The conversation is moving really fast, and they are eager to move to any potential next level as soon as possible. This is one of the biggest signs of catfishing.

Pressuring You to Share More Personal Information

Scammers are known to ask you a lot of questions about yourself while sharing little about themselves.

They Have Few Followers or Friends on Social Media

Do you know how to tell if you’re being catfished, for instance, on Instagram or Facebook? One indicator is that they have a very small amount of followers on their profile. If everything else doesn’t seem to add up, this can be a final clue.

DID YOU KNOW: Based on statistics of people approached by scammers on social media, 91% engaged in fraud with the scammer, while 53% lost money.  Social networks are increasingly unsafe as our shields are often down around social media friends, giving con artists an easy way in.

Key Takeaways

What is catfishing on the Internet? When someone is lured into a relationship by a fictional online personality.
There are few reasons that people can catfish others, including personal insecurities, harassment, catfishing for profit, and identity cloaking.
Signs you’re being catfished by someone are them avoiding face-to-face chatting, only one photo over a long period of time, or the profile is brand new.
If someone is too much into you from the start, has just a few followers on their profile, or pushes you for personal information, it’s likely a scam.

How to Find Out If You’re Being Catfished for Free

There are a few ways that you can research to protect yourself, with some of the best suggestions being free.

Reverse Image Search

We bet you’re wondering how to tell if you’re being catfished on Tinder or other online dating sites. First, you can start with reverse image searching with these steps:

  • On your smartphone or tablet, open the Google or Chrome app.
  • Go to the website and find the image.
  • Tap and hold the image.
  • Tap on the option Search with Google Lens.
  • Choose how you want to search:
  • Use an object from the image: If accessible, tap on the object and select (the little circle).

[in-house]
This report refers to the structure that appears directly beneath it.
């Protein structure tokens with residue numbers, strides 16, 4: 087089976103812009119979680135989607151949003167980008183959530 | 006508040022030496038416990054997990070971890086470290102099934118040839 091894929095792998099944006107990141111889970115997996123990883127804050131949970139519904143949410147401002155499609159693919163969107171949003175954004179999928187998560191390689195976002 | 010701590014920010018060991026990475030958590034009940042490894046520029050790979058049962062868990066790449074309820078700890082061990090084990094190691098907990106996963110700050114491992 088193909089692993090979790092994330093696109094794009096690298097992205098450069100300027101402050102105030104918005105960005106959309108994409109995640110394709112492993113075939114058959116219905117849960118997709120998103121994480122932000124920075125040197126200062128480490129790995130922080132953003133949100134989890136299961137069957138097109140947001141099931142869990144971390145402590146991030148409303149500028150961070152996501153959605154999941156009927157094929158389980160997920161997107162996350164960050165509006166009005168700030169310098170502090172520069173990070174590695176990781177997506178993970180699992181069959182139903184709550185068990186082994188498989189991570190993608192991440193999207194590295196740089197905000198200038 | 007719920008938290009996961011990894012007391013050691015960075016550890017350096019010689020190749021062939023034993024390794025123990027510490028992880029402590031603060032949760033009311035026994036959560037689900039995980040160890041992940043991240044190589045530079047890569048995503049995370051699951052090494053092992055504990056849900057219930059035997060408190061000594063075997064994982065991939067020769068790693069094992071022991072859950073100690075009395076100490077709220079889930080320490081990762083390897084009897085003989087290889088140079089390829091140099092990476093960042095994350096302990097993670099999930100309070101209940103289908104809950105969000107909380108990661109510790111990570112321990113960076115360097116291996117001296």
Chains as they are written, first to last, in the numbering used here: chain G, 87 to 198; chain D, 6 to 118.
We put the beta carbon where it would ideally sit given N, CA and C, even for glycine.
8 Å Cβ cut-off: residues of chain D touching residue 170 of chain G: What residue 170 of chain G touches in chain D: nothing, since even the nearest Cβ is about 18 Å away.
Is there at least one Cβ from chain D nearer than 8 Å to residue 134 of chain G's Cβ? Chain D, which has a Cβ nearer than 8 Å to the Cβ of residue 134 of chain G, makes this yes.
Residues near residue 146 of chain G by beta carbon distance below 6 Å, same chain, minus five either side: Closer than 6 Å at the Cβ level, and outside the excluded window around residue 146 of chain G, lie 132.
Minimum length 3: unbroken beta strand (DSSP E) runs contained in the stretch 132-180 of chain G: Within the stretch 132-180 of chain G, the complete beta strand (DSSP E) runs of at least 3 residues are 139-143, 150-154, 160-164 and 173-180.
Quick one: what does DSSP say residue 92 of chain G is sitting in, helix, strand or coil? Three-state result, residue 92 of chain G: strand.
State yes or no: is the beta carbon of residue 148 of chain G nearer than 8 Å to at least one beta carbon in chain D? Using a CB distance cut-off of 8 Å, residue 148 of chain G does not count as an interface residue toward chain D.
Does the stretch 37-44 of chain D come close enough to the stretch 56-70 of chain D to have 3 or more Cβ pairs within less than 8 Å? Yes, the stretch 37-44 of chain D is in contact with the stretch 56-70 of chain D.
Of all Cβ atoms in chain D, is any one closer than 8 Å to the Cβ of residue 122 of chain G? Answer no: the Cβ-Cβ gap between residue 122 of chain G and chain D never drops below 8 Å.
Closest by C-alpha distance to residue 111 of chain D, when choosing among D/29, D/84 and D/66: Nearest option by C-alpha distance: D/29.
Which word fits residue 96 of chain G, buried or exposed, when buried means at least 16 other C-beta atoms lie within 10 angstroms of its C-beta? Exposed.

• Use segment of an image: Tap and select the image area, then drag the box corners around your selection.
  • Scroll to the bottom in order to find your related search results.

Look at how to do a reverse image search on iPhone.

People Search and Background Check

Another way how to prove you are not being catfished (or are) is by searching through some of the top-quality background check sites. If you are looking for a free option, we recommend using websites like Spokeo, 411 Background Check, PeopleLooker, and Pipl. Spokeo, for example, is a platform that checks backgrounds while offering in-depth and up-to-date information. This website produces public records and can present data collected from social media accounts. Verifiable information includes the following:

  • Phone number
  • Email address
  • Birthday
  • Criminal history
  • Job history
  • Education background
  • Names of possible associates, friends, and family members
  • Property ownership information

Below, you can also see some of the best people search sites and what they are known for.

  • Best for reverse phone lookups: Intelius. Read our full review here.
  • Greatest for social media uncovering, dating profiles, and photos: Instant Checkmate. Read our full review here.
  • Finest for career lookups or general businesses: GoodHire.
  • Leading for background checks and specialized data: BeenVerified.
  • Best background Checks for international searches: EBI Inc.

These websites charge a fee, but it may be well worth it to try them.

DID YOU KNOW: 83 million Facebook accounts are considered fake; check out the following Facebook stats for more detail.

How to Outsmart a Catfish

So far, we covered important topics such as how to find out if someone is catfishing you, or how to know if you fall victim. Catfishers can be tricky—some of them can get away with conning multiple people while others gain a profit from catfishing. Nonetheless, there are ways to outsmart scammers to prevent yourself from becoming a catfish victim.

Here’s how to avoid being catfished: